Most companies that pollute try to draw attention away from their environmental impact. The World Bank just came across a handful that tried to overstate it.
On Tuesday the world’s largest international financial institution announced the debarment of six companies that submitted inaccurate documents to qualify for grants related to an environmental project in Vietnam. The companies, in an apparent attempt to show their potential to stem pollution, overstated the extent of their emissions of hydrochlorofluorocarbons — a man-made, ozone-depleting chemical.
The first phase of the Vietnam HCFC Phase-Out Project was designed to help the government of Vietnam reduce the country’s output of these pollutants — in order to comply with Montreal Protocol obligations, which were put in place nearly 30 years ago to protect the ozone layer that absorbs solar radiation.
Polluting private sector companies received grants to phase out HCFCs, and according to an investigation by the World Bank Integrity Vice Presidency, six companies submitted fraudulent documents to qualify for bank funding in a case that demonstrates “the challenge of environmental record keeping and reporting.”
“This case offered significant insight to our environmental work with clients facing similar challenges ... of weak systems and institutional capacity,” a World Bank spokesperson told Devex. “And while the project achieved its environmental objectives, the World Bank’s focus on ensuring integrity of the development dollar remains a priority.”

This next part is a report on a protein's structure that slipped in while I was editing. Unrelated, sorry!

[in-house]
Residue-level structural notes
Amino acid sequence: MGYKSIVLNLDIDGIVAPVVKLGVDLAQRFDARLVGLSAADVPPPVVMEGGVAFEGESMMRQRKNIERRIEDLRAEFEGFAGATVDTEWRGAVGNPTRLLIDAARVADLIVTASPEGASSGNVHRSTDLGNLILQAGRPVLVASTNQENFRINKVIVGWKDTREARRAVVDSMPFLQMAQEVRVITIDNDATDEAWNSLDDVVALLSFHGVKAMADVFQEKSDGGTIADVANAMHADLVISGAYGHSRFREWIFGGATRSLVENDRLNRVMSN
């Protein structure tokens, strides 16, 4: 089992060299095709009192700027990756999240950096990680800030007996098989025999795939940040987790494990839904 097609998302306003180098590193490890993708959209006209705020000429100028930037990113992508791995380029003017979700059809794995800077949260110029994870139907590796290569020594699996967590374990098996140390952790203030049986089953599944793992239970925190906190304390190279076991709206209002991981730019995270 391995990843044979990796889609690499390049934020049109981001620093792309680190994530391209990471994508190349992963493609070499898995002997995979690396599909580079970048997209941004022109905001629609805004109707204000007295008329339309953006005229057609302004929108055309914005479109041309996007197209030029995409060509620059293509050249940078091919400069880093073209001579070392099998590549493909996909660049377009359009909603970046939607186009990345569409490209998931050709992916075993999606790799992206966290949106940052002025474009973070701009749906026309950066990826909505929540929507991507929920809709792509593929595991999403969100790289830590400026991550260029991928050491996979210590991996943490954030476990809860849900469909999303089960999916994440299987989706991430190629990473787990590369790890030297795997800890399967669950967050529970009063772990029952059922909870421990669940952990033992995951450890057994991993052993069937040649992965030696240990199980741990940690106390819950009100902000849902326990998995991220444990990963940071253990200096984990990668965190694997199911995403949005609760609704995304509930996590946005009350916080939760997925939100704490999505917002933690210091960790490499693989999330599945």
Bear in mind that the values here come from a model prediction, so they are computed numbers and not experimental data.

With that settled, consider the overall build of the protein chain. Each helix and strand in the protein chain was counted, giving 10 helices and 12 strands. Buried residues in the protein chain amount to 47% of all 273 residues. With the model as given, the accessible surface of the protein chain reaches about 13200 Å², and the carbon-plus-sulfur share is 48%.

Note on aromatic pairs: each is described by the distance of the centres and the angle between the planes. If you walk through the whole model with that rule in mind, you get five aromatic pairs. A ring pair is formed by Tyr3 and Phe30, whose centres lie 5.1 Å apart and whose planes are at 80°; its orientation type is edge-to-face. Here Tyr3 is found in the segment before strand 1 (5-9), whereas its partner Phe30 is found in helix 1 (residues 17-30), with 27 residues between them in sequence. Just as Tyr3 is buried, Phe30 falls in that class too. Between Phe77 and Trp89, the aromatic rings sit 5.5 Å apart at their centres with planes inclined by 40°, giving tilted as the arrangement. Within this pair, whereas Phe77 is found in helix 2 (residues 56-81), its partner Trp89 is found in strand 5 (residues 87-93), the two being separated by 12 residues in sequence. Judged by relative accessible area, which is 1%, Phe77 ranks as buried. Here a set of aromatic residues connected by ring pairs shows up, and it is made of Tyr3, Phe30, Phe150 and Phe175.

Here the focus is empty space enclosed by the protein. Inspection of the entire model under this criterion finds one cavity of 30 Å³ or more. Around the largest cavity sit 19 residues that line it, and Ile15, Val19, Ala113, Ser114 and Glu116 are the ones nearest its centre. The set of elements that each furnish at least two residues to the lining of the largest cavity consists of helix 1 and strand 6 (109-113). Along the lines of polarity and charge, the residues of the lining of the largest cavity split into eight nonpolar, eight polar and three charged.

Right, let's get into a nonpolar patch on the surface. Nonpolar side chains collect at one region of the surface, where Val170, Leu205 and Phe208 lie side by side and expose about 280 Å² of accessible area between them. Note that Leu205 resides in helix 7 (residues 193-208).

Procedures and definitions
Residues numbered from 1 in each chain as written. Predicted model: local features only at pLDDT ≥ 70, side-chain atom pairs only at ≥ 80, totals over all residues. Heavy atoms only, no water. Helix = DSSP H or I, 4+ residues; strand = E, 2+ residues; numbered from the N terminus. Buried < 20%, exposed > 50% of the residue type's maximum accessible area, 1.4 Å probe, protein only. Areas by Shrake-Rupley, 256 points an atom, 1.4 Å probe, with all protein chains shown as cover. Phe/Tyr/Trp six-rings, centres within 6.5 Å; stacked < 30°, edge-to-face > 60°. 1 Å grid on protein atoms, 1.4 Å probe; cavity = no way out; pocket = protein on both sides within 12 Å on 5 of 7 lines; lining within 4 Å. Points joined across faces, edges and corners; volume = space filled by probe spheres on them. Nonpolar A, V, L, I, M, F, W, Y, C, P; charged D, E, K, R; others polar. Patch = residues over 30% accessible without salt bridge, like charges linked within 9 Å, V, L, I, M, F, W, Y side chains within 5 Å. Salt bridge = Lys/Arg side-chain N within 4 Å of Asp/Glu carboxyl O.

The companies, which have acknowledged misconduct, will not be eligible for any World Bank-financed contracts for one year. They are 6M Insulation Panel Co., Ltd.; Huu Nghi Engineering Corporation; TST Co., Ltd.; Sai Gon Insulation Co., Ltd.; Sea Refrigeration Electrical Engineering Company; and Asia Refrigeration Industry Co., Ltd.
Jeff is a global development reporter for Devex. Based in Washington, DC, he covers multilateral affairs, U.S. aid and international development trends. He has worked with human rights organizations in both Senegal and the United States, and prior to joining Devex worked as a production assistant at National Public Radio. He holds a master's degree in journalism from Columbia University and a bachelor’s degree in international relations and French from the University of Rochester.
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